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Summary of Advisory Board on Toxic Substances and Worker Health Meeting on April 24-25, 2019

May 1, 2019

May 1, 2019

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Industry News

The Advisory Board on Toxic Substances and Worker Health, which advised the Department of Labor’s (DOL) Secretary on Part E and Part B lung claims, held an in-person meeting in Augusta, GA, April 24-25, 2019.

DOL informed the public that Dr. Victoria Cassano resigned from the board.  This brings the board to 11 members, down from the original number of 15.  The public will have an opportunity to nominate someone from the medical or scientific communities to replace Dr. Cassano.  DOL also began the process to renew the board’s charter, which expires in July.

DOL instituted a new process for requests from the board.  The board must now fill out a form detailing their request for documents or other information, cite the statutory language which the request falls under (e.g. review of the Site Exposure Matrix), provide the reason they want this information, and how the board intends to use the information.  The board didn’t think this would improve the process, noting that they are still waiting on responses the requested during the November 2018 meeting.

Rachel Leiton, Director of the Division of Energy Employees Occupational Illness Compensation (DEEOIC) reported that the Procedure Manual was updated this month.  She noted that new language was added in a couple of sections.  Another revision to the Procedure Manual will be issued soon.  This revision will include the changes adopted in the Final Rules.

Board members offered their willingness to provide advice on future changes to the Procedure Manual and other program guidance.  They also offered to review training materials for the claims examiners.  DEEOIC did not make a decision on this offer.

Malcolm Nelson, EEOICPA Ombudsman, presented to the board.  He explained that his office encounters claimants who have a hard time understanding the complex program and don’t have a basic understanding on how to begin.  As an example, he said that while some may access the Site Exposure Matrix (SEM), they don’t know how to use the filters to refine their search.  He also receives complaints that the SEM is not accurate.  He also stated that he hears complaints about the hearing loss presumption.  Claimants will ask him, “What happened in 1990?” that would justify DOL’s use of that date as the cut-off date.  Mr. Nelson informed the board that DEEOIC provided a response to the concerns in the 2017 Ombudsman’s report to Congress.  That response can be found here, https://bit.ly/2LbSrXX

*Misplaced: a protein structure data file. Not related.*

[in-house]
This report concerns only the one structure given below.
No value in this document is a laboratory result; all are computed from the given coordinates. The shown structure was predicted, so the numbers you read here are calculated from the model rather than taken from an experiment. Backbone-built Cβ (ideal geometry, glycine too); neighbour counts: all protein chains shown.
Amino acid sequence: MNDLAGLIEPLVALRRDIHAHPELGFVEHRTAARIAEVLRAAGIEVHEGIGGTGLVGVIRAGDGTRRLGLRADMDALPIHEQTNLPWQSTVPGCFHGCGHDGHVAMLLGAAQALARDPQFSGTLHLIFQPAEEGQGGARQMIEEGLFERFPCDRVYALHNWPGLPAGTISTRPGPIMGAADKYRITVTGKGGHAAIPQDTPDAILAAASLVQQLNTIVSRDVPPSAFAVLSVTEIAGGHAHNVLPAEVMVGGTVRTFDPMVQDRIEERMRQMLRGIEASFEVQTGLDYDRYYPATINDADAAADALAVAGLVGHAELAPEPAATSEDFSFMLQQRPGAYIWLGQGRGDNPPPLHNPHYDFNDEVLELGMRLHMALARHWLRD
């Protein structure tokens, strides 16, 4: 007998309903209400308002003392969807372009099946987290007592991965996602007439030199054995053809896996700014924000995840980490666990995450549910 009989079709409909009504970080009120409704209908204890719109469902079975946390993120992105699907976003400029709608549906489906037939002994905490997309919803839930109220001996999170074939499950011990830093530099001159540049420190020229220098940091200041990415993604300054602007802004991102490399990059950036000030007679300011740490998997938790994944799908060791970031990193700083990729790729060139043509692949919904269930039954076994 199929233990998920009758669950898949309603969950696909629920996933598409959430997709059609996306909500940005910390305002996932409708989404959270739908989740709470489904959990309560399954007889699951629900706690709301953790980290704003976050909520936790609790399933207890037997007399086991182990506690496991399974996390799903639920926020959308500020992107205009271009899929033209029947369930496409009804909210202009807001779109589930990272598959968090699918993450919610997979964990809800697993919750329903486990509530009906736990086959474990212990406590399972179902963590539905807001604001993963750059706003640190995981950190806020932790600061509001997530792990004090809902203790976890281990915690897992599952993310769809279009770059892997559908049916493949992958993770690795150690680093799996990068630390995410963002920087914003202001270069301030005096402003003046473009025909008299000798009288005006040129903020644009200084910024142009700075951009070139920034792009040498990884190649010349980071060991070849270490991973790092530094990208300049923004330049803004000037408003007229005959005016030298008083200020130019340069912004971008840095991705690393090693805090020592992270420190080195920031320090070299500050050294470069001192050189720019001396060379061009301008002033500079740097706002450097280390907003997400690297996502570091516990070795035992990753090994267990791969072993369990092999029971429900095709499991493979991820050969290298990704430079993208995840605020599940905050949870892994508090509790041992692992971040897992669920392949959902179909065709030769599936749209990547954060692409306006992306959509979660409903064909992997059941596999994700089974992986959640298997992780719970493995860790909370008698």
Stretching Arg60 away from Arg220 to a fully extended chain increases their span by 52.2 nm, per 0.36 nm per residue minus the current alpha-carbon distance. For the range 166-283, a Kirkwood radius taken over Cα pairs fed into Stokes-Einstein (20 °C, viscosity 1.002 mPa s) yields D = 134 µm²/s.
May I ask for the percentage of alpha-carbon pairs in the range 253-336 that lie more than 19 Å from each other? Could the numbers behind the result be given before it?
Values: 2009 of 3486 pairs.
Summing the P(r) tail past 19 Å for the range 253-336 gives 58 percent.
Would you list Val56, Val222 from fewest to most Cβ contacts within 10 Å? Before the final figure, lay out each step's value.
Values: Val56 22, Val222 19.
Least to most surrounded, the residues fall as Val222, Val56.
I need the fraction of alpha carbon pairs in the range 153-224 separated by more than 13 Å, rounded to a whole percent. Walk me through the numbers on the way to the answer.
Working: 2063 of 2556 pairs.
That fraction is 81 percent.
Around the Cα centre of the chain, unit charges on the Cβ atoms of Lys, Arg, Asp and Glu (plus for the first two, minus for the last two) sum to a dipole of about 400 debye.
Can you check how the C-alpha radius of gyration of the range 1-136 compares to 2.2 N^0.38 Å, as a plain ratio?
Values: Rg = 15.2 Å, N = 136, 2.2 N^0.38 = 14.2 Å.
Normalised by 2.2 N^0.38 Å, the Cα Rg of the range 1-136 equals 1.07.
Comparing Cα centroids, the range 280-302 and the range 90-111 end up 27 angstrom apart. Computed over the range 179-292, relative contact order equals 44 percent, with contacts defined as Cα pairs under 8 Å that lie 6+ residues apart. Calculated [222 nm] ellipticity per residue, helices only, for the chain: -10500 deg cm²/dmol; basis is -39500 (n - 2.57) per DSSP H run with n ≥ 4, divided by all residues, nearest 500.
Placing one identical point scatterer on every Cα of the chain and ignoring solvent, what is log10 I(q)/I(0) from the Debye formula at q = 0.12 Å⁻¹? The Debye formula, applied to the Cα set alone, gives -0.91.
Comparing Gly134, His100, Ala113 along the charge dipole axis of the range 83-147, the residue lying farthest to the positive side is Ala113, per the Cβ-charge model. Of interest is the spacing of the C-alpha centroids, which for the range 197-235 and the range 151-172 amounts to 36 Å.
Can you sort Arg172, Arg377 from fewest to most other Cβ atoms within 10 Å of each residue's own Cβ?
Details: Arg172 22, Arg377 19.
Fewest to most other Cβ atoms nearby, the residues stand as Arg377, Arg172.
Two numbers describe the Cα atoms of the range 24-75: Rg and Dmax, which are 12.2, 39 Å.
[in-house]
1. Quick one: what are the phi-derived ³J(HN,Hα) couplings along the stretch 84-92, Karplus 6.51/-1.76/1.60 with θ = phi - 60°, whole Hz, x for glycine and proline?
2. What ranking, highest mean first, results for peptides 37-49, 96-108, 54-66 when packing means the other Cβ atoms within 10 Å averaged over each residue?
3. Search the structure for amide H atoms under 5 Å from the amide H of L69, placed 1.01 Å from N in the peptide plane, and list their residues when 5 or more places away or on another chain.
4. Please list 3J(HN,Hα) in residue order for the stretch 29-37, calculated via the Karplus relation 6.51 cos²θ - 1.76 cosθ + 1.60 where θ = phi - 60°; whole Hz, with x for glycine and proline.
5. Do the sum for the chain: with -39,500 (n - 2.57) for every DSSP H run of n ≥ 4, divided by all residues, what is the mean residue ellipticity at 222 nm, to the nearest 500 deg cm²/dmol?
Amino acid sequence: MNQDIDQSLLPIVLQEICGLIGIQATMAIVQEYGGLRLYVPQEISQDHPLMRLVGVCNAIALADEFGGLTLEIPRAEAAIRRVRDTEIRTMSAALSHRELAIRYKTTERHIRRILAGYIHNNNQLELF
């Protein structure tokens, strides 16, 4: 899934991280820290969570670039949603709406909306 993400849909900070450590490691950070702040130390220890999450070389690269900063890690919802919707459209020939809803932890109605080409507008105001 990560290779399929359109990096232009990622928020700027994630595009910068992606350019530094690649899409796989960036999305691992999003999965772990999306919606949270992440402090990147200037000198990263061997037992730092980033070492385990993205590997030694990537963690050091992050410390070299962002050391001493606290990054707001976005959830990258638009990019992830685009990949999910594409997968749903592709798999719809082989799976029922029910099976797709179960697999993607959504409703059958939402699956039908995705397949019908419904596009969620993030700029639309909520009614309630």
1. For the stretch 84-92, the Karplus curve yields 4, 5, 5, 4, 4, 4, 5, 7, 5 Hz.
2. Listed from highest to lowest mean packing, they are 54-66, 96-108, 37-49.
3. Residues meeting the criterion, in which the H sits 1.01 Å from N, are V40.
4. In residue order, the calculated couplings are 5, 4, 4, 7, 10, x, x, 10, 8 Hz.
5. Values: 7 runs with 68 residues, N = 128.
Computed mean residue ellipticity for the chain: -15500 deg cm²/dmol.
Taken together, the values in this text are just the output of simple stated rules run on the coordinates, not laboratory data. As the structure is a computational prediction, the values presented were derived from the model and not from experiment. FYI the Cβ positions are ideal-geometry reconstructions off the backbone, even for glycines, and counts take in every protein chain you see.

DEEOIC asked the board for guidance on Parkinsonism and Parkinson’s Disease and Non-cancer Effects of Radiological Substances. The board’s presentations on these two topics can be found under “Scheduled Presentations” on the board’s website, https://bit.ly/2VBxbig

At the last meeting in November, the board requested DEEOIC provide them with copies of 100 case files to determine if the cases were decided fairly and using the best scientific and medical principles.  The board members received 20 of the claims two weeks before the meeting.

A review of those 20 claims showed that reports from the industrial hygienists were confusing and sometimes contradictory.  The reports include language concerning exposures after 1995.  This language originally was developed for Final Circular 15-06.  DEEOIC rescinded this circular and the board is concerned about the use of this language in the industrial hygienists’ reports.  The board had a long discussion about this language.  They were concerned that the language stating there is lack of monitoring data would translate that there was no risk of exposure to the worker.  They also questioned why the industrial hygienists used text books as reference material.  The board noted that text books do not provide the “specificity of levels” of exposures and are already outdated by the date of publication.

The board approved two recommendations to Secretary Acosta,

  • To provide the board with a technical support contractor to assist with reviewing claims.
  • Recommended that the industrial hygienists’ reports provide supporting documentation, other than the text books currently used, when explaining the levels of exposure which a worker may have experienced.

The board intends to have a teleconference in the summer with the next in-person meeting to be held  in the fall of 2019.  Location to be determined at a later date.